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‘They thought that the bullet would silence us’: Malala addresses UN Youth Assembly


Malala Yousafzai, gives her first speech since the Taliban in Pakistan tried to kill her for advocating education for girls, at the United Nations Headquarters in New York, July 12, 2013. Wearing a pink head scarf, Yousafzai told U.N. Secretary-General Ban Ki-moon and nearly 1,000 students from around the world attending a Youth Assembly at U.N. headquarters in New York that education was the only way to improve lives. (BRENDAN MCDERMID/REUTERS)

“One child, one teacher, one book, and one pen can change the world,” Malala Yousafzai told the United Nations Youth Assembly Friday. “Education is the only solution.”

The speech, in which Malala called for “a global struggle against illiteracy, poverty and terrorism,” was her first major public appearance since a Taliban gunman shot her in the head at point-blank range last October.

The UN designated the day – which also coincided with Malala’s 16th birthday – ‘Malala Day,’ to promote awareness of the importance of education.

Dressed in a pink dress and pants, and a shawl owned by former Pakistani prime minister Benazir Bhutto, the diminutive teenager spoke with a loud, clear voice, telling gathered dignitaries and youth leaders that her attackers did not intimidate her.

“The Taliban shot me on the left side of my forehead. They shot my friends, too,” Malala said in her speech.

“They thought that the bullet would silence us, but they failed.”

Malala underwent months of skull reconstruction surgery in the U.K. after a gunman boarded her schoolbus in the Swat district of Pakistan and sent a bullet through her left forehead. Still, she said, she forgives her attackers.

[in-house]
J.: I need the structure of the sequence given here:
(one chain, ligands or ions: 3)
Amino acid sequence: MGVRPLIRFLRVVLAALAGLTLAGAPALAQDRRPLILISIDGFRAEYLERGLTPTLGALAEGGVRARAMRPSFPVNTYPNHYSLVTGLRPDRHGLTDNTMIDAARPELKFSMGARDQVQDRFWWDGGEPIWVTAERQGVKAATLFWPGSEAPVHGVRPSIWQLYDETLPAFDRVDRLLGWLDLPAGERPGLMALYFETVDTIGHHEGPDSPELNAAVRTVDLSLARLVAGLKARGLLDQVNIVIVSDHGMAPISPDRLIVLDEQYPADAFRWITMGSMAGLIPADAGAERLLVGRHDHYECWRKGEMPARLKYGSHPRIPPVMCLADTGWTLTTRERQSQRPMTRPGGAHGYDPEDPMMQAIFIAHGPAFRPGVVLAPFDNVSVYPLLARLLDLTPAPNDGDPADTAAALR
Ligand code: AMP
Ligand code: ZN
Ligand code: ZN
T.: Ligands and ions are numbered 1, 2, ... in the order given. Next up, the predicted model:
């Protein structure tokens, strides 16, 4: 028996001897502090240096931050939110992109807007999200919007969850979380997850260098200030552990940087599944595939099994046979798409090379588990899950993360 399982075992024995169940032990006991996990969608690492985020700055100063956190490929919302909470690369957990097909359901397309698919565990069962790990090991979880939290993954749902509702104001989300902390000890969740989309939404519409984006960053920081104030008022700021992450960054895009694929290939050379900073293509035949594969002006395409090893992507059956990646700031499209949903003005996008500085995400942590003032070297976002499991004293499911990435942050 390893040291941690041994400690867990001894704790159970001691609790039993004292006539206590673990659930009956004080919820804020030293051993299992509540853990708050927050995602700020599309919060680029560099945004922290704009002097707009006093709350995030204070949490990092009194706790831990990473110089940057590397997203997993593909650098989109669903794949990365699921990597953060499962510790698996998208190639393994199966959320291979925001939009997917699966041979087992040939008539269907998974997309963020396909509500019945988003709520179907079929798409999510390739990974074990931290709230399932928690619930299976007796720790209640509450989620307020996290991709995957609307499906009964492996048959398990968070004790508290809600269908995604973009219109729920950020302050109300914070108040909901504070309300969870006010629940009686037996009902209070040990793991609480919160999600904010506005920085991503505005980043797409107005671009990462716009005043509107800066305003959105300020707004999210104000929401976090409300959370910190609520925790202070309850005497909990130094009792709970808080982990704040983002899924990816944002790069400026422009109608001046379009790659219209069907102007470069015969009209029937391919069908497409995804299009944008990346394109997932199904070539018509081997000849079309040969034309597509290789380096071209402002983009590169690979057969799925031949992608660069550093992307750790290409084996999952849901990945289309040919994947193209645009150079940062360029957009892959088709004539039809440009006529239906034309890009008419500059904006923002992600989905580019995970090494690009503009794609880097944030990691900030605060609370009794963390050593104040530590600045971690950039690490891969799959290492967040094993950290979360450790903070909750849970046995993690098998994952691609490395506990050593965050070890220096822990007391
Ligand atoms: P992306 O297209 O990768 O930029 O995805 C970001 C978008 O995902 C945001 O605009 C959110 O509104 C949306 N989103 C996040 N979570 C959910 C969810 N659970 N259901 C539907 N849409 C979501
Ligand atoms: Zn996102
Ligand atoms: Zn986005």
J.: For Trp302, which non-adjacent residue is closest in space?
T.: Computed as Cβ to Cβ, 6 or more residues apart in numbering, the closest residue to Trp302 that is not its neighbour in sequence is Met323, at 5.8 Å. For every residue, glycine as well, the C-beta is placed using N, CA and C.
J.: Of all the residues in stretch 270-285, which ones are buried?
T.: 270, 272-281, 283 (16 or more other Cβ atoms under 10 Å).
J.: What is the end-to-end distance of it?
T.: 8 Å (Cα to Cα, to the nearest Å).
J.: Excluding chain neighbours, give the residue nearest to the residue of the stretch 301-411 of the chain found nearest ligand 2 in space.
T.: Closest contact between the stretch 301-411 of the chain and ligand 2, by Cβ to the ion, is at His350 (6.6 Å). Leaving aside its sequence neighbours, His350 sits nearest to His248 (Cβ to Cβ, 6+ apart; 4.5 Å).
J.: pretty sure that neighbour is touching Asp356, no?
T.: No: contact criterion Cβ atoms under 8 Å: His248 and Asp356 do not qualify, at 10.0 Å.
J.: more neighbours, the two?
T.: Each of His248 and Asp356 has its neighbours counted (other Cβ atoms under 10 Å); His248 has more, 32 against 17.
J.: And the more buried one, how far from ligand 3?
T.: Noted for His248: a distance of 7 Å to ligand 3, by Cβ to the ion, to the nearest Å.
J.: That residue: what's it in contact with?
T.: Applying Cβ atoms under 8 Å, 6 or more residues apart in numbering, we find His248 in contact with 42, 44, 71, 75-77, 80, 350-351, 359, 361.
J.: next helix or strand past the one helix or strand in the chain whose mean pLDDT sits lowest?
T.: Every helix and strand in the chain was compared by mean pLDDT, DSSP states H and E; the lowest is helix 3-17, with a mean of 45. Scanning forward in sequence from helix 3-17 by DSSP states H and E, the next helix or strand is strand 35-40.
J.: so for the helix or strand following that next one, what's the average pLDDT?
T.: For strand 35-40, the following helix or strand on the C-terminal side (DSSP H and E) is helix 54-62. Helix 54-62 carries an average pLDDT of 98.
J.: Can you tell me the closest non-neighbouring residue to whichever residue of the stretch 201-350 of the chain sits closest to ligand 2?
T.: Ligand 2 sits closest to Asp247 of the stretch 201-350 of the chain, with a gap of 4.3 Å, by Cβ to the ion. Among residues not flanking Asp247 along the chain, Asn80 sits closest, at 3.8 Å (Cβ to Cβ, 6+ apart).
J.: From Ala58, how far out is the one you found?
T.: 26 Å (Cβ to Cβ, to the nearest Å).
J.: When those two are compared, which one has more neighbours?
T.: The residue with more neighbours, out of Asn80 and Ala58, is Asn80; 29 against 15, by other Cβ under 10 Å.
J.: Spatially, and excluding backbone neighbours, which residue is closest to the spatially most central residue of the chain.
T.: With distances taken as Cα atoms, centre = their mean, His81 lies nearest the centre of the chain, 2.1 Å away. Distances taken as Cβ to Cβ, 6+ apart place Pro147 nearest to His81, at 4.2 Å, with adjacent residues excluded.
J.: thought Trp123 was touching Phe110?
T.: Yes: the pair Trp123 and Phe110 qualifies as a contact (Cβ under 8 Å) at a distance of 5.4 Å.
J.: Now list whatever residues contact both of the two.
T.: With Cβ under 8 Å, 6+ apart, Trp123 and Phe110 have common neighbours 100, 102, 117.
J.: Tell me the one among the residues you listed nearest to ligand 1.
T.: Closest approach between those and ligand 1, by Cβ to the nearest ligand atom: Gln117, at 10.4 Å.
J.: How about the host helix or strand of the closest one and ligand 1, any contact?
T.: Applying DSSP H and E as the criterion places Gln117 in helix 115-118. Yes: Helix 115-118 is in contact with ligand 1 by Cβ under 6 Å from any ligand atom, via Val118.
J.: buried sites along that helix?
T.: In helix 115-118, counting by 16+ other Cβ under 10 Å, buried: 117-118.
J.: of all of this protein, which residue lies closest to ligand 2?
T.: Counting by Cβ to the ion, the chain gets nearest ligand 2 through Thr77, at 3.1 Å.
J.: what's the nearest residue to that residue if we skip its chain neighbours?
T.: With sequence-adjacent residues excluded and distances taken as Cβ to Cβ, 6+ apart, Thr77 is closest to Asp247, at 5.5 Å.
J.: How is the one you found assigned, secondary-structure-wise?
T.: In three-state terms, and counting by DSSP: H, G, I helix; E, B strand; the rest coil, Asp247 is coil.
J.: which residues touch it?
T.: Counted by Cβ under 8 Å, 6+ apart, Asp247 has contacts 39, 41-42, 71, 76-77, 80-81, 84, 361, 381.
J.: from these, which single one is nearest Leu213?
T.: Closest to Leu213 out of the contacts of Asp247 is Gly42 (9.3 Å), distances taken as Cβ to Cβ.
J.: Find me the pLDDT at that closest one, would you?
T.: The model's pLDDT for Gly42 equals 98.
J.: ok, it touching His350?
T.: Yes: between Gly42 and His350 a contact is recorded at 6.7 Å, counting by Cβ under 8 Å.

“I want education for the sons and daughters of the Taliban and all the terrorists and the extremists,” Malala said.

“I do not even hate the Talib who shot me. Even if there is a gun in my hand and he stands in front of me, I would not shoot him,” she said.

The teenager first gained attention as an 11-year-old, when, after the Pakistani Taliban ordered girls’ schools shut down, she started a blog campaigning for education.

After the attack, she attracted global attention, and has since emerged as a global symbol for women’s rights in Pakistan.

Malala, who is currently living and studying in the U.K. with her family, has been nominated for a Nobel Peace Prize and was named one of TIME magazine’s 100 most influential people in the world for 2013.

UN Secretary-General Ban Ki-Moon referred to Malala as “our hero, our champion” in his introduction to the teenaged activist’s speech. “She was targeted just because of her determination to go to school and learn,” Mr. Ban said.

“Targeting Malala shows what they feared most: a girl with a book.”

Former U.K. prime minister and the UN’s special envoy for global education Gordon Brown called it a “miracle,” given her injuries after the attack, that Malala could be speaking at the UN Friday morning

“Let me repeat the words – the words the Taliban never wanted her to hear – Happy 16th birthday Malala,” Mr. Brown said.

UNESCO took the opportunity to release a report titled “ Children still battling to go to school ,” which showed that, although the overall number of children in school increased by about 3 million between 2008 and 2011, the opposite has happened for children in conflict-affected countries.

During the same time period, the report stated, the percentage of children denied an education in war-torn countries increased from 42 per cent to 50 per cent.

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